YUMA, Ariz. (KYMA, KECY) - Yuma County Supervisor Jonathan Lines testified before the House Committee on Homeland Security about the costs of the immigration crisis and how our local agencies are footing the bill.
In Washington D.C., Supervisor Jonathan Lines shared the difficulties Yuma County has faced and is still facing, amidst the border crisis, as migrants are taking local resources like our hospital, first responders, and border patrol.
“First and foremost a visit to the border would be in order. I appreciate Secretary Mayorkas being there. I appreciate the 1/3 commitment that he has fulfilled, however we are still far short of what is needed,” said Supervisor Jonathan Lines.
Lines said migrants are taking advantage of our local resources, like first responders
“Sometimes they’ve had to wait up to 24 hours during the biggest surges, sometimes, 36 hours. We’ve seen them order Uber eats but most particularly in order to expedite their removal from the border, into a facility so they can get where they’re going they resort to calling 911,” said Supervisor Lines.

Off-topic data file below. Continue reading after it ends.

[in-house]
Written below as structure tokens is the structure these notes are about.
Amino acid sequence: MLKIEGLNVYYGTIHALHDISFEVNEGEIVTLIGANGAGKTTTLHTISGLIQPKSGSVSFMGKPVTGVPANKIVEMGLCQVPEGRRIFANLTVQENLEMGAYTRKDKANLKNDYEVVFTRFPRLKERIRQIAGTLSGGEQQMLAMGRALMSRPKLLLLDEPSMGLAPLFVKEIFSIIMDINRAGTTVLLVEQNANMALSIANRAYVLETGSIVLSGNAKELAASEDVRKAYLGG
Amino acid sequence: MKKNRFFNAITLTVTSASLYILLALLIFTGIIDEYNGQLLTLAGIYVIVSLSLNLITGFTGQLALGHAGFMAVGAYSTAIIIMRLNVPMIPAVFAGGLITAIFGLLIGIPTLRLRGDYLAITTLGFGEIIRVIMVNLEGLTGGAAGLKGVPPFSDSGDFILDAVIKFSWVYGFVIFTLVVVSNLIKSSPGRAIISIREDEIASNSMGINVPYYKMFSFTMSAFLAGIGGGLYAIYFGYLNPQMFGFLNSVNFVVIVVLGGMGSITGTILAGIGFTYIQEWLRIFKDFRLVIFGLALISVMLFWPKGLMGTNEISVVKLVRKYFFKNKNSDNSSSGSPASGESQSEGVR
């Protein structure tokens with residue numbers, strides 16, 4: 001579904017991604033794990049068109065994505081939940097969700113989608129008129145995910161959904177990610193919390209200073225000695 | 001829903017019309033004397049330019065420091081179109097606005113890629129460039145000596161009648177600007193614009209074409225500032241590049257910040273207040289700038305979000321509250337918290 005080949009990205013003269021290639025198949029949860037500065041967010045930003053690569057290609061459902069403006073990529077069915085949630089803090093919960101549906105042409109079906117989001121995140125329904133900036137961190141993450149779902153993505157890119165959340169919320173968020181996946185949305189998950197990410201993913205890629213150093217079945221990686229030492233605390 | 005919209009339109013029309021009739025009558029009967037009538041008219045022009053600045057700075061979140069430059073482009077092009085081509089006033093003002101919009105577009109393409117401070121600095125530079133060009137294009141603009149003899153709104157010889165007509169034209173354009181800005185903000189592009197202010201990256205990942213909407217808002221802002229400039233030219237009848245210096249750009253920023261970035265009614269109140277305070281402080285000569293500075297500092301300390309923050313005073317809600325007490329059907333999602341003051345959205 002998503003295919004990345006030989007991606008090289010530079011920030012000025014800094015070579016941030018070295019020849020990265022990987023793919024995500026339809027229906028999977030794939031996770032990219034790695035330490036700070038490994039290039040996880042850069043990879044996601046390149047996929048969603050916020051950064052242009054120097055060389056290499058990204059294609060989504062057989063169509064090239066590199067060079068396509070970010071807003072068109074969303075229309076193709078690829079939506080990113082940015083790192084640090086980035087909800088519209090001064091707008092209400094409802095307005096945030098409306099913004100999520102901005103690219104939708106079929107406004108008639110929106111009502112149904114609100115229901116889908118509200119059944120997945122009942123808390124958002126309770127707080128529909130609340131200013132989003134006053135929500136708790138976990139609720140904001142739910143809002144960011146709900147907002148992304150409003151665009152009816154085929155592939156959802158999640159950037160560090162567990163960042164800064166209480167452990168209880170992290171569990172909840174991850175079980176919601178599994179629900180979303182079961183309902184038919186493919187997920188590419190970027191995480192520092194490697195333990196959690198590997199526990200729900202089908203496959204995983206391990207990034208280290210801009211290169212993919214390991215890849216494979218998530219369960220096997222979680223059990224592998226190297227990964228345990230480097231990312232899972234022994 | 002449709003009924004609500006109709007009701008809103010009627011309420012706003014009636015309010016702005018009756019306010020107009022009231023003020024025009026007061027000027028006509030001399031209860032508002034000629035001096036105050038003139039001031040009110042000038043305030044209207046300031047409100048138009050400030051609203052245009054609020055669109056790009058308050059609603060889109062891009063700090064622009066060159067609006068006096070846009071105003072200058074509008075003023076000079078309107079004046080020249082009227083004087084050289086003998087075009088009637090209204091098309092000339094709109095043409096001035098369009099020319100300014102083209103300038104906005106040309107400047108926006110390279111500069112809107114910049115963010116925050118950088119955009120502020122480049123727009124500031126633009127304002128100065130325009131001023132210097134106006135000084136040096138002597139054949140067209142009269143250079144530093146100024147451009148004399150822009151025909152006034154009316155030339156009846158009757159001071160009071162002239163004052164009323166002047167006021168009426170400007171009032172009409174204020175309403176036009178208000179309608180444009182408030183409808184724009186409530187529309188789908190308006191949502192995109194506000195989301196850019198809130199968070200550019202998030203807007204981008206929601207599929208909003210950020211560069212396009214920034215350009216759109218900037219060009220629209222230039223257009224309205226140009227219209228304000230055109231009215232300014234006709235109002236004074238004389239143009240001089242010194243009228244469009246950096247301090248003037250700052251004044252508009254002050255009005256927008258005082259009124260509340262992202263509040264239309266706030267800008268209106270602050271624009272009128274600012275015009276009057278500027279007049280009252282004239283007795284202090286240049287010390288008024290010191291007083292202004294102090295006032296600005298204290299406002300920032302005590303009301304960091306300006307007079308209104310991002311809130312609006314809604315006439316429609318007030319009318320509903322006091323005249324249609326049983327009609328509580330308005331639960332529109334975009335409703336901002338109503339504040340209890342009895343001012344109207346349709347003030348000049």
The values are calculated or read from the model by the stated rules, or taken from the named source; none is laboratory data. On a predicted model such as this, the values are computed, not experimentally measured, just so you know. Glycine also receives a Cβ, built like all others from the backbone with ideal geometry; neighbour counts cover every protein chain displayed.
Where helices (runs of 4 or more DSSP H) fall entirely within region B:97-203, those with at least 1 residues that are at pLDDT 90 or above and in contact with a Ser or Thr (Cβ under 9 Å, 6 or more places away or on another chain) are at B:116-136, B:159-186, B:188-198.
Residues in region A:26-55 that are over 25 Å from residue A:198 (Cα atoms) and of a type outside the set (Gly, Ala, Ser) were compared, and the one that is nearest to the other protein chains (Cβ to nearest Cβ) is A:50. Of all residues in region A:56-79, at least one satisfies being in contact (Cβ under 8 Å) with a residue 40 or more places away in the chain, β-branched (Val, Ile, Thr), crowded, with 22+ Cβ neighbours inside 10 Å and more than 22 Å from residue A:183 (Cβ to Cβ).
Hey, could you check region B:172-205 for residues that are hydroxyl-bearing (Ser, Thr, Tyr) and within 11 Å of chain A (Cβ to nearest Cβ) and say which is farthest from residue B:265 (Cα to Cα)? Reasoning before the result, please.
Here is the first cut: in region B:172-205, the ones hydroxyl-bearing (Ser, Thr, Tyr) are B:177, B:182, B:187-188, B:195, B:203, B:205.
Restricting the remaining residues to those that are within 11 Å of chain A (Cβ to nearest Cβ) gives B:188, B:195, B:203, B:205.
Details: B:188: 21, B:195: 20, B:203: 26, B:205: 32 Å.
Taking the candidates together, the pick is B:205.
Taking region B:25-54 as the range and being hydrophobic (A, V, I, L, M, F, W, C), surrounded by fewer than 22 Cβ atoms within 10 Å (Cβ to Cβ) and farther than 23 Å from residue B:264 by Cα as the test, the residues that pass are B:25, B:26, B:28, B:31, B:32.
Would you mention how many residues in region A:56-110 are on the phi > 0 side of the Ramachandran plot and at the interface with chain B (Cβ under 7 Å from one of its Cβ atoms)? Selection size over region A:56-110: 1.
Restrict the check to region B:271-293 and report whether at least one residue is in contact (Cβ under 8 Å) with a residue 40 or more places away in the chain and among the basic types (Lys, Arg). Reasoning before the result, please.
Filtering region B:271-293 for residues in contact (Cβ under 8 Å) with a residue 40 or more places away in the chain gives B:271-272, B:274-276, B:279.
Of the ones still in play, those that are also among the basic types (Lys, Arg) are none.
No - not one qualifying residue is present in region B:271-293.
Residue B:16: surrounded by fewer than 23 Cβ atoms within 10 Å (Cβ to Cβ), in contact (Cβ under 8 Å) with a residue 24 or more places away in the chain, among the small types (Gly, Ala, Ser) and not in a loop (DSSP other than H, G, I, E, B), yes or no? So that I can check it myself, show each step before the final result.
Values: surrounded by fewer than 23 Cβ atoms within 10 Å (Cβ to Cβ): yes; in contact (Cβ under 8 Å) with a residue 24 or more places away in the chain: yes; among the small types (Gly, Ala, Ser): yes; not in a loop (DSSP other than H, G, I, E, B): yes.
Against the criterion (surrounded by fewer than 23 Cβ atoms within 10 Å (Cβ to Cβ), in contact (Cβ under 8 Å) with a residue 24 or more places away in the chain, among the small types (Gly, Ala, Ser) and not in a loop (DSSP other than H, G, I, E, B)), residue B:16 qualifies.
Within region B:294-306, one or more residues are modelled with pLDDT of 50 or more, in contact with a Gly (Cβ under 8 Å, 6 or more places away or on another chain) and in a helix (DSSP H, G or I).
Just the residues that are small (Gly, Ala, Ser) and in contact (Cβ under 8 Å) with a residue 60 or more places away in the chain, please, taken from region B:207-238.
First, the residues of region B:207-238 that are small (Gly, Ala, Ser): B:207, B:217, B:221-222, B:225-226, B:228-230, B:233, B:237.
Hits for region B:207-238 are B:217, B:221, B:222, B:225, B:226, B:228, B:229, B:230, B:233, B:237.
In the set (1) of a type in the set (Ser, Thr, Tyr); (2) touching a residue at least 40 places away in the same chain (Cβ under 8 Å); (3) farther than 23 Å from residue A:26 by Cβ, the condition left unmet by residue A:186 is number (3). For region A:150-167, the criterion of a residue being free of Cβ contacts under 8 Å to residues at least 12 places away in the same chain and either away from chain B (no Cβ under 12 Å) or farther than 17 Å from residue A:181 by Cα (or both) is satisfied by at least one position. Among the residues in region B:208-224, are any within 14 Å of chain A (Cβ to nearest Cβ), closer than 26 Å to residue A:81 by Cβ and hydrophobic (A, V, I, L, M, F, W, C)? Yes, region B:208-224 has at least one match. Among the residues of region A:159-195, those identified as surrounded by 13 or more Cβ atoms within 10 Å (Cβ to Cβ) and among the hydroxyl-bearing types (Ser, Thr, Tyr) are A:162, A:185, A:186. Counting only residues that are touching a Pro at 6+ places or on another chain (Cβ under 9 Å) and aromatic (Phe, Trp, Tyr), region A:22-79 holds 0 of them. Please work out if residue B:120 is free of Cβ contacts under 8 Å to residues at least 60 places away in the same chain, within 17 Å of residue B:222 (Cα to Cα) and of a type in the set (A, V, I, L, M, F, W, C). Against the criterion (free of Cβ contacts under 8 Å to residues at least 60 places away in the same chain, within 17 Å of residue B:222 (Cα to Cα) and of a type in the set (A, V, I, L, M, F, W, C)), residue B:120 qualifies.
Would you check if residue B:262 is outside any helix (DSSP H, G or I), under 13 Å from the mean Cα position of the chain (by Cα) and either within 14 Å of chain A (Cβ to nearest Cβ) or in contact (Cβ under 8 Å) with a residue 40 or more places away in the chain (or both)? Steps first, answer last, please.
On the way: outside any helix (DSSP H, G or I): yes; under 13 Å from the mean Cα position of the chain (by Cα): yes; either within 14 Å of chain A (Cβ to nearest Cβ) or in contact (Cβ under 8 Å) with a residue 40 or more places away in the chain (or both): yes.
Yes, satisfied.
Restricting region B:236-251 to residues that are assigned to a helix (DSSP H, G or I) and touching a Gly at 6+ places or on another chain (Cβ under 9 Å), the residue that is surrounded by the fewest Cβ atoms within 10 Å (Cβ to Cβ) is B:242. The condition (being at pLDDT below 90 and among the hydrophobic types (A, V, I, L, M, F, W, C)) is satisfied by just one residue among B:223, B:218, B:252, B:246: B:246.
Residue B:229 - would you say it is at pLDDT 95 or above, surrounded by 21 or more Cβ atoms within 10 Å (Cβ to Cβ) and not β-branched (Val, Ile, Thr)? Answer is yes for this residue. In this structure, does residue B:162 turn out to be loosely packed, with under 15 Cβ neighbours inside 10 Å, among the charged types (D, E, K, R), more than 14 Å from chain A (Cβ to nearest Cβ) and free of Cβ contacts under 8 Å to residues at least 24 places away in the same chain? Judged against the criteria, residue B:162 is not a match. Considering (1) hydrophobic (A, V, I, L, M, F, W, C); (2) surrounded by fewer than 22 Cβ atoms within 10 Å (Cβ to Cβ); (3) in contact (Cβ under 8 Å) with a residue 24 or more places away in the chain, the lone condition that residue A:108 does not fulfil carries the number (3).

He also shared with the House Committee on Homeland Security, the struggles Yuma Regional Medical Center is facing, and how this affects local patients.
“We had an 18 month period where it was almost impossible to go into the hospital which also detracted from border patrol’s ability to man the border,” said Supervisor Lines.
Lines said this is because a border patrol officer has to stay with a migrant at the hospital.
So for every 20 to 30 people who were in the hospital, the agents were there guarding them instead of being at the border.
He also adds that the surveillance infrastructure installed under the Trump Administration was taken down or turned off, which leaves us with the legacy system which is 30 plus years old.
“All of our surveillance equipment on the southern border has been removed, that was previously installed and so we have a completely open southern border with surveillance equipment having been removed. Who removed that? This administration,” said Lines.
No word on when or if the crisis will be resolved, but again, Lines said an administration visit to the border would be a step in the right direction.